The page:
Back in September we were finally able to test the Razer Barracuda AC-1 under Linux. This sound card, which employs the C-Media Oxygen HD CMI8788 audio processor, took quite a while to be supported by ALSA but the CMI8788 driver found in ALSA 1.0.15 was very problematic. This is the same APU found on other high-end sound cards such as the Auzentech X-Meridian, Bluegears B-inspirer, and ASUS Xonar, but with this driver it had worked worse than most cheaper alternatives.
After talking about NVIDIA's ESA standard yesterday and whether it would appear for Linux users, we noticed that the LM_Sensors team is making very good progress towards LM_Sensors 3.0. The first LM_Sensors 3 release candidate came out towards the end of September. Distinguishing LM_Sensors 3 from the current stable LM_Sensors 2.10 series it is now only a user-space-only package with no kernel components needed. The i2c components for LM_sensors have also been split into i2c-tools. The sensor library, libsensors, also received a brand new API for LM_Sensors 3. Released in early October was then LM_Sensors 3.0.0-rc2, which contained a number of fixes. Most recently, however, last week marked the release of LM_Sensors 3.0.0-rc3. This most recent testing release introduced better handling of the default configuration file path.
The developers behind ALSA (the Advanced Linux Sound Architecture), are out this morning with the v1.0.15 release. This new ALSA release includes updated ALSA drivers, libraries, plug-ins, and utilities. In total there are 98 drivers with changes, and this release does even include support for C-Media's Oxygen HD CMI8788. The CMI8788 APU is used on such sound cards as the Razer Barracuda AC-1, which up to this point was only supported by the Open Sound System. ALSA 1.0.15 has a number of changes especially for the CMIPCI, HDA, and USB audio drivers. The complete list of changes between ALSA 1.0.14 and 1.0.15 can be found on the ALSA Project Wiki.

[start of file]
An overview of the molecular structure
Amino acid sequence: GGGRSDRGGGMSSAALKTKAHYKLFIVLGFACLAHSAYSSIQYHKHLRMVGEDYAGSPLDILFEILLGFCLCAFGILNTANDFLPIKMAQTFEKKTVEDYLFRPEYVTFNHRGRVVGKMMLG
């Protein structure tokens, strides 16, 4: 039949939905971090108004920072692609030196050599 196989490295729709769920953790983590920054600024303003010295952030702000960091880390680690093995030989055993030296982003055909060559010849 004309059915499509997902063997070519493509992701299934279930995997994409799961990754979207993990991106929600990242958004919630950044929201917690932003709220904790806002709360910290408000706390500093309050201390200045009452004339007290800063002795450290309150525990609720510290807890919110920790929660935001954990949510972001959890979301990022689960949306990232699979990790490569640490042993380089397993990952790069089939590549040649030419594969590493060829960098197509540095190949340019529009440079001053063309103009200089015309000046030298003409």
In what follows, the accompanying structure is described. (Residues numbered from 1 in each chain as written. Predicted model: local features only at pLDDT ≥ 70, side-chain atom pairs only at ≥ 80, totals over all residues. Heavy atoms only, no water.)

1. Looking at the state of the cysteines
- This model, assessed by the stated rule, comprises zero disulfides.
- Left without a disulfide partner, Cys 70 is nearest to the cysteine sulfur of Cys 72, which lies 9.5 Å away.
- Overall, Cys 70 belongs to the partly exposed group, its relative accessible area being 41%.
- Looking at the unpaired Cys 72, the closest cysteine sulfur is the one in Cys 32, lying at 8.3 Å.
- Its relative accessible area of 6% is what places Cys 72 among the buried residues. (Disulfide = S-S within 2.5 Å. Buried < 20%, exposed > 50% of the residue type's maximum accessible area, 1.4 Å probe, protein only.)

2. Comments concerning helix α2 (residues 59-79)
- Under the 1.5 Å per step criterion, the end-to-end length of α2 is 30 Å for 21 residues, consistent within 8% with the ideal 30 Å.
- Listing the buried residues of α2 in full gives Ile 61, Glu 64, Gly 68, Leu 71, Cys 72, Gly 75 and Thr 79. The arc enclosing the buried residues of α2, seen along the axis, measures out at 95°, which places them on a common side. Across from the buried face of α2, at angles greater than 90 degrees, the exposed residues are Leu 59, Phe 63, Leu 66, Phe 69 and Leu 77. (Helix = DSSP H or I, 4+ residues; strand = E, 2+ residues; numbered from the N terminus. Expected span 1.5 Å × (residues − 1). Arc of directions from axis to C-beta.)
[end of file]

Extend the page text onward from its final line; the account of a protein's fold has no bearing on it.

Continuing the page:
After the release of LM_Sensors 2.10.4, a new release of XSensors is finally available. XSensors 0.60 introduces new support for the following chips: Fintek F71805F/FG, SMSC LPC47M192, k8temp, and w83627ehf. Also fixed in this XSensors release is a potential segmentation fault as well as some sanity checking on sensors. The complete XSensors change-log is available here with additional details and download links at LinuxHardware.org.
Following our ASUS Motherboard Ships With Embedded Linux, Web Browser article, ASUS has released a series of slides to Phoronix containing additional information about their "Express Gate" functionality.